Henry Jenkins, is the founding director of the Comparative Media Studies Program at MIT and is the Peter de Florez Professor in the School of Humanities, Arts, and Social Sciences. Currently completing a book entitled Convergence Culture: Where Old and New Media Intersect, he has written or edited 11 other books, including Textual Poachers: Television Fans and Participatory Culture, (with Justine Cassell) From Barbie to Mortal Kombat: Gender and Computer Games, (With Tara McPherson and Jane Shattuc) Hop on Pop: The Politics and Pleasures of Popular Culture, and (with David Thorburn) Democracy and new Media. Jenkins writes a monthly column on the social and cultural impact of media and technology for Technology Review Online and with Kurt Squire, a monthly column for Computer Games Magazine which explores the intersection between academic game theory and the game design community. He is one of the leaders of The Education Arcade, an initiative to promote the educational uses of computer and video games. Jenkins has testified about youth and media violence before the U.S. Senate Committee on Commerce, Science & Transportation, addressed the Federal Communications Commission on children and media literacy and spoken to the Governor's Board of the World Economic Forum on Intellectual Property and Media Change. He was recently awarded a grant from the MacArthur Foundation to explore the skills which children and youth need to become more effective communicators, learners, and citizens in the 21st century.
Pop Cosmopolitanism, Collective Intelligence, and Participatory Culture: What Educators Need to Know About the New Media Landscape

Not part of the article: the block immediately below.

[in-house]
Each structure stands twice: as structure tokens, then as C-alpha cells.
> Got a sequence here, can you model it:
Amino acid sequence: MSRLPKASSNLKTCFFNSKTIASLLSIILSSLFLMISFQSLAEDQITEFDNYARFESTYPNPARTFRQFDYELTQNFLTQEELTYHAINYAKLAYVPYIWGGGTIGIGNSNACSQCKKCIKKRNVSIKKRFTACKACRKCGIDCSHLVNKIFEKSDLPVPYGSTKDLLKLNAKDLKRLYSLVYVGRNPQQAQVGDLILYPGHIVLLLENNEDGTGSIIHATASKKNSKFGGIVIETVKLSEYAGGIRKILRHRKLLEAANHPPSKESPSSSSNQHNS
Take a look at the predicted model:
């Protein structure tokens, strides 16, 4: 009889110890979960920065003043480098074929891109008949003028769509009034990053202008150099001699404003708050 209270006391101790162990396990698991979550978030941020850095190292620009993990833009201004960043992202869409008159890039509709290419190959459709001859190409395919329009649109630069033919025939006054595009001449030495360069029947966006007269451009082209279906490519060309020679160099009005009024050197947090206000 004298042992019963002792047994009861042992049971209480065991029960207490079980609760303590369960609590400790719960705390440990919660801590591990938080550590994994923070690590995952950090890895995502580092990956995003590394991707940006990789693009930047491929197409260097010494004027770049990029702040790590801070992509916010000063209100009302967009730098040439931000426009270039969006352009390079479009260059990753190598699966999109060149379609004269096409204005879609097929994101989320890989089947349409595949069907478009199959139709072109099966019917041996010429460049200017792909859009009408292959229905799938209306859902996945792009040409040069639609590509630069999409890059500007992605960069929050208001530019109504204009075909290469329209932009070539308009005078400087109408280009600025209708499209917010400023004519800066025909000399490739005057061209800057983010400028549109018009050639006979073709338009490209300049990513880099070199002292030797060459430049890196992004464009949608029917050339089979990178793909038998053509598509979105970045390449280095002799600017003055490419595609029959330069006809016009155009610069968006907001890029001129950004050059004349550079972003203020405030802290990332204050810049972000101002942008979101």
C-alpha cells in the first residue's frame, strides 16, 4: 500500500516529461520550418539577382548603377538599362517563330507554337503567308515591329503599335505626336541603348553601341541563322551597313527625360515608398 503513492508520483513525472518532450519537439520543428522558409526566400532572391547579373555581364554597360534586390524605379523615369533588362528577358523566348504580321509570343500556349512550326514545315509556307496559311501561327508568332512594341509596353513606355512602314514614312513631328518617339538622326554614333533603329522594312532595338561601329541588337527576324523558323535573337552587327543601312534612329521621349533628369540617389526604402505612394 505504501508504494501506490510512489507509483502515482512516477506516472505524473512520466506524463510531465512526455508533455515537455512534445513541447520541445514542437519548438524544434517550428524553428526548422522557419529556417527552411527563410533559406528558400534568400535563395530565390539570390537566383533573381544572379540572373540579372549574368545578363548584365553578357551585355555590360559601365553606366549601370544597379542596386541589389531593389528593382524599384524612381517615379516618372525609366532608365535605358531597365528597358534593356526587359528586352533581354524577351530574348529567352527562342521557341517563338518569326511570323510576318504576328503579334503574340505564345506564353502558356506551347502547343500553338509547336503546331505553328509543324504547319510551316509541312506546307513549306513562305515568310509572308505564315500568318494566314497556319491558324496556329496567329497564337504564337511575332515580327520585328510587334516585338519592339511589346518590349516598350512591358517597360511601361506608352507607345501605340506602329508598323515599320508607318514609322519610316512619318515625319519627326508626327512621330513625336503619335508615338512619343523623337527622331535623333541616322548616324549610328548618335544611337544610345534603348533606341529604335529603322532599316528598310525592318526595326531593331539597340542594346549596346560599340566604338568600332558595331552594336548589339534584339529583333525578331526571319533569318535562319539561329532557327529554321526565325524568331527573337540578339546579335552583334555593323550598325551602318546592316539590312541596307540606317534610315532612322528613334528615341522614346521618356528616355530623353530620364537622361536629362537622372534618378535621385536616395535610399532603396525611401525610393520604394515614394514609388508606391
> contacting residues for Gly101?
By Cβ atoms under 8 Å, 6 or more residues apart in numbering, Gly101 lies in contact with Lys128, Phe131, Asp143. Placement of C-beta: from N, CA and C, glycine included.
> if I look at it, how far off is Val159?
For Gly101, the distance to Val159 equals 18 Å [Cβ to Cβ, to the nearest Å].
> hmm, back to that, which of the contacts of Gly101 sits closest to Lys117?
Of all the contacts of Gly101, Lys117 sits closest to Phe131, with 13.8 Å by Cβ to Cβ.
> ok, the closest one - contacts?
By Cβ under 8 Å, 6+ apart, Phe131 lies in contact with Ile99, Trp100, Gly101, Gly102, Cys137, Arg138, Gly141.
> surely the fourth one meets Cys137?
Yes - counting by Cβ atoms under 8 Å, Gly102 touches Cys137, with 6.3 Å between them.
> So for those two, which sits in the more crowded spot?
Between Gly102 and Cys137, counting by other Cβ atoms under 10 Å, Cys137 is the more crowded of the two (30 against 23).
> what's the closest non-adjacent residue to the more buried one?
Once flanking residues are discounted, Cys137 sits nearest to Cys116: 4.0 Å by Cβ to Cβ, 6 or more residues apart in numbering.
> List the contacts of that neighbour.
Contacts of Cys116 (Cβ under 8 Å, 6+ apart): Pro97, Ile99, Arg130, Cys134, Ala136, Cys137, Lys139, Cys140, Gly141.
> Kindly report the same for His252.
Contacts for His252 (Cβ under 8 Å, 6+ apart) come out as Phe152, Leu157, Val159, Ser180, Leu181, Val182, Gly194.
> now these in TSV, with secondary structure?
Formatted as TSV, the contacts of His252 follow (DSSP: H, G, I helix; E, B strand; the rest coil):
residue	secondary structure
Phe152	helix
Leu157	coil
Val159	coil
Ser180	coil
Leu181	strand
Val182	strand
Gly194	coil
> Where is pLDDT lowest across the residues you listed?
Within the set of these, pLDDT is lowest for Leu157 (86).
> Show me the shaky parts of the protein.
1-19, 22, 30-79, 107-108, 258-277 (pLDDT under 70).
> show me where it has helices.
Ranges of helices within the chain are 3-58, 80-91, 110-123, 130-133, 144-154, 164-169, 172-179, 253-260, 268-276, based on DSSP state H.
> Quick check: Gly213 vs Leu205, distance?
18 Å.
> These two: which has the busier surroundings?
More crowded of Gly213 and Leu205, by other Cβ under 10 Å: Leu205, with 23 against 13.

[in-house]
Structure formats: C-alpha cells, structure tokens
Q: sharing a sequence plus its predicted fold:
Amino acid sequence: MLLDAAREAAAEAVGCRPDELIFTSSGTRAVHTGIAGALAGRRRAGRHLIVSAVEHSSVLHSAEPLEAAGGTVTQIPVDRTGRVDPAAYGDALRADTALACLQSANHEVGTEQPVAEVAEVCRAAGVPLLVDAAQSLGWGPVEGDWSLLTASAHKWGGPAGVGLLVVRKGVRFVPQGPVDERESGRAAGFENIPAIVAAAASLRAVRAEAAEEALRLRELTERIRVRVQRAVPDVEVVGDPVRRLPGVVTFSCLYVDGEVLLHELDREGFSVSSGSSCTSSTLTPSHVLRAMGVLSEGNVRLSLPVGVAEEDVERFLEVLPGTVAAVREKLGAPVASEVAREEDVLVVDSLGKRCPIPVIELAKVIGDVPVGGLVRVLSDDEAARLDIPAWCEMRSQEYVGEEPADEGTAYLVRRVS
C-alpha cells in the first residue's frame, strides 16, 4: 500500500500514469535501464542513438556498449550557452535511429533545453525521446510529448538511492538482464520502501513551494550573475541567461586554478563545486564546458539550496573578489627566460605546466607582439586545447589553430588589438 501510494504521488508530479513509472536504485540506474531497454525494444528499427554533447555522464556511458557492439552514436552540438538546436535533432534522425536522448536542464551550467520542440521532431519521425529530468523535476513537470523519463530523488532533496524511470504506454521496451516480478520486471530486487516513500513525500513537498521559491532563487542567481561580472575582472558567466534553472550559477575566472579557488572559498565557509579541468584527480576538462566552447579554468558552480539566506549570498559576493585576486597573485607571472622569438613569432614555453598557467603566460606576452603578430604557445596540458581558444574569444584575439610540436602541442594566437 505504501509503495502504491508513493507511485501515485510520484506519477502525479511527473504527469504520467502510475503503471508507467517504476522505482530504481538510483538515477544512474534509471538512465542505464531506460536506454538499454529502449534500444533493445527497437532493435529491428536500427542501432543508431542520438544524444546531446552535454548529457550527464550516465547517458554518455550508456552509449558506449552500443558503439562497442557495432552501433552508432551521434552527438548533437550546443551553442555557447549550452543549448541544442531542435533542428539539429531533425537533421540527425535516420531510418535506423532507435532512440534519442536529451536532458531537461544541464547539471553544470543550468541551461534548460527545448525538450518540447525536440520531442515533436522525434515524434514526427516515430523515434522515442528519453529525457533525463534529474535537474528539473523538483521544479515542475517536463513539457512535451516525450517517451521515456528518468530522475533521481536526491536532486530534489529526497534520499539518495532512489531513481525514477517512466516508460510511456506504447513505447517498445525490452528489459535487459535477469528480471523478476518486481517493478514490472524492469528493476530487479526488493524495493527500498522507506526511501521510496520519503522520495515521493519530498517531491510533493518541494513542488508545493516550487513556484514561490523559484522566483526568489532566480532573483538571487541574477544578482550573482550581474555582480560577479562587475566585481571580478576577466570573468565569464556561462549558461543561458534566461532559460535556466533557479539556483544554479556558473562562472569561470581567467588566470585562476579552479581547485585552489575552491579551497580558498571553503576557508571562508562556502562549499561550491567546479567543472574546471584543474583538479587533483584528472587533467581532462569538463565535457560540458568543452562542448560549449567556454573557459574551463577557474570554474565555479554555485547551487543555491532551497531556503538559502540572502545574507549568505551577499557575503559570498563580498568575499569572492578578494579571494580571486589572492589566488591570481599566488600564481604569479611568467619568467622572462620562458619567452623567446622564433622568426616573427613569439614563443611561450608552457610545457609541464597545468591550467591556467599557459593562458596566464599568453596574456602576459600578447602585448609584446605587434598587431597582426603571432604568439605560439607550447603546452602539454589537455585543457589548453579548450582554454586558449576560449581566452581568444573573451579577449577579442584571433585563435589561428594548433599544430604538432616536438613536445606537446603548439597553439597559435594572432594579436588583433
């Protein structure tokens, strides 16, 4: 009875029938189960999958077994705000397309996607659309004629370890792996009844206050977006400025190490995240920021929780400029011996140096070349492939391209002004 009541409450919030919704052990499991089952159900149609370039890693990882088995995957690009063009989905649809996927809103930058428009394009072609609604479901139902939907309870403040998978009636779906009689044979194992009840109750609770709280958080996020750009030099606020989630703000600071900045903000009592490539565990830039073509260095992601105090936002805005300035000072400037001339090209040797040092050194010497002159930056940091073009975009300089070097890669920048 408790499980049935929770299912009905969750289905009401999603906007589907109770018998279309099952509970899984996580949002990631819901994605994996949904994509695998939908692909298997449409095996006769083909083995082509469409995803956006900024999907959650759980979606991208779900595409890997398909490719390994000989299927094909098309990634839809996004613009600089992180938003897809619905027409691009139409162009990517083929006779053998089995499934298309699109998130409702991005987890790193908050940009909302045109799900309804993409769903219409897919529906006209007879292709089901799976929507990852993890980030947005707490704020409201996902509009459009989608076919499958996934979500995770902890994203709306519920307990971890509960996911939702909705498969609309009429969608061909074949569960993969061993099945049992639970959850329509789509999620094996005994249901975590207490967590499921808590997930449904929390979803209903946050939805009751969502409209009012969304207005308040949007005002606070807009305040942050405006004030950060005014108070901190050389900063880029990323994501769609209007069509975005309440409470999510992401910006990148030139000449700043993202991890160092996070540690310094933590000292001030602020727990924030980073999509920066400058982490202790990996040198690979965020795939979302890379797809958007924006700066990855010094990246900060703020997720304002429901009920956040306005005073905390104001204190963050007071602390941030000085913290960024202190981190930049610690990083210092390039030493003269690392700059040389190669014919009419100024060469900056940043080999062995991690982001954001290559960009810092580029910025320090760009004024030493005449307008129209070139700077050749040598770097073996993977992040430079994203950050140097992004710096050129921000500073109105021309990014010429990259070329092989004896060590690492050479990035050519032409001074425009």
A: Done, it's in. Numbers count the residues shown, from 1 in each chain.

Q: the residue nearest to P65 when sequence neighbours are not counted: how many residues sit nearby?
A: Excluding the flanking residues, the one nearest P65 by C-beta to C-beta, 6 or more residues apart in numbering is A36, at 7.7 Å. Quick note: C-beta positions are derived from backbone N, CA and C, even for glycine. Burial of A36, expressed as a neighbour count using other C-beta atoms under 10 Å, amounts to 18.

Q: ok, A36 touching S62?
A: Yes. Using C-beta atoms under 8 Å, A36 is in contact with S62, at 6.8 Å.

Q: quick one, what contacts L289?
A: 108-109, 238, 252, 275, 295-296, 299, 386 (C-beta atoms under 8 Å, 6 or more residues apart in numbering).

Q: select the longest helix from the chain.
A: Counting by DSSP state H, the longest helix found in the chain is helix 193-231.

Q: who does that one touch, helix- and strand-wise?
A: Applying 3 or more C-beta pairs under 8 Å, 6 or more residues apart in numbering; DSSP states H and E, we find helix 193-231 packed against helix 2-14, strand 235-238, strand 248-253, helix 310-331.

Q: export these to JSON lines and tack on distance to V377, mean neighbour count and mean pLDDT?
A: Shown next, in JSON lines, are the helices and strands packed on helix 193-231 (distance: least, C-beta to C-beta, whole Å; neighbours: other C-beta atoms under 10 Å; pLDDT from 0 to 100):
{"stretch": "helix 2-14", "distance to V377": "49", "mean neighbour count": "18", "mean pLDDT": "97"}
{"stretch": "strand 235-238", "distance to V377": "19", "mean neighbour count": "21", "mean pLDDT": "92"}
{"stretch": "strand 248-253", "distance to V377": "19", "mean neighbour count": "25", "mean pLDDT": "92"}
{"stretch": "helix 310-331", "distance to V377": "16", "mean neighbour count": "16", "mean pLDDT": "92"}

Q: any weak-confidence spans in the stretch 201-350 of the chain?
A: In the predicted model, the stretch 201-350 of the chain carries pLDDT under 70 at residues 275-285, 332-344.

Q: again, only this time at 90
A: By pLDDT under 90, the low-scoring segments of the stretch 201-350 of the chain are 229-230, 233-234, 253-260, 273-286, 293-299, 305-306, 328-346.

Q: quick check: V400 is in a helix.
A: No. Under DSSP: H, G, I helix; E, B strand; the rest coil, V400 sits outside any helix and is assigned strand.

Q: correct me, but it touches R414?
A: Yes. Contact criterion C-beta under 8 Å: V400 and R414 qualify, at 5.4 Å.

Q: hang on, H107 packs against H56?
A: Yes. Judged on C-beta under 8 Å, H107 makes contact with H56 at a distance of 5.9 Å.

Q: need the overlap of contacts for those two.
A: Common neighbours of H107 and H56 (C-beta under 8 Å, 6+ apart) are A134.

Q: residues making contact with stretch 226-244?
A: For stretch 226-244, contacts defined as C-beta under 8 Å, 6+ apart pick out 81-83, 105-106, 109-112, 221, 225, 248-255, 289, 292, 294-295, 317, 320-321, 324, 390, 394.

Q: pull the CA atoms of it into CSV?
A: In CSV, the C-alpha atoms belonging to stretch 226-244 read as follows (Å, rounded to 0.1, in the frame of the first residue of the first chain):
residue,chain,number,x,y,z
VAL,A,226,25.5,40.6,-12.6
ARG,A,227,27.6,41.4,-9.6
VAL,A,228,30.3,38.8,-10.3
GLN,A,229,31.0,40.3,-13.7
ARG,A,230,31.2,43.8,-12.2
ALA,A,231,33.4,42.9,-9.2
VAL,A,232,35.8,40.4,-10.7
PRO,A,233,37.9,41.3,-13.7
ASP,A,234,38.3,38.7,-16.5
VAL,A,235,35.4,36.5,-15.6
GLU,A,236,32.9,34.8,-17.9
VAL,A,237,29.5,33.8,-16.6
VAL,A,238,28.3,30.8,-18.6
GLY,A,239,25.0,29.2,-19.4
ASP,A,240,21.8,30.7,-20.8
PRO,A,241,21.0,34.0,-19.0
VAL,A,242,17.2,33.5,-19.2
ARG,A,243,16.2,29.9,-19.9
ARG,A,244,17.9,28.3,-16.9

Japanese youth with greased back hair and black leather jackets dancing to 50s Rockabilly music in the parks of Tokyo.
American kids teaching themselves Japanese in order to participate in the underground translation and circulation of Japanese anime.
High schoolers getting national record contracts on the basis of music they composed and recorded in their own bedrooms.
Hundreds of people around the country pooling their knowledge to solve a complex game scenario or to try to track down who won Survivor.
These are simply snapshots of a brave new world being created by the forces of globalization and media convergence. Established notions of media literacy education were based on an era of mass media, where students received information from corporate producers, but played little or no direct role in shaping that content or participating in its circulation. Today, young people are key contributors to media culture and thus the ways we think about media literacy need to change to reflect their more active engagement as media producers. We would not see someone as literate if they can read and not write. Why should we see them as media literate if they can consume but not produce? This talk is designed both to outline some key trends in our current media landscape and some new approaches for media literacy education.
A Conversation across Generations of Media Scholars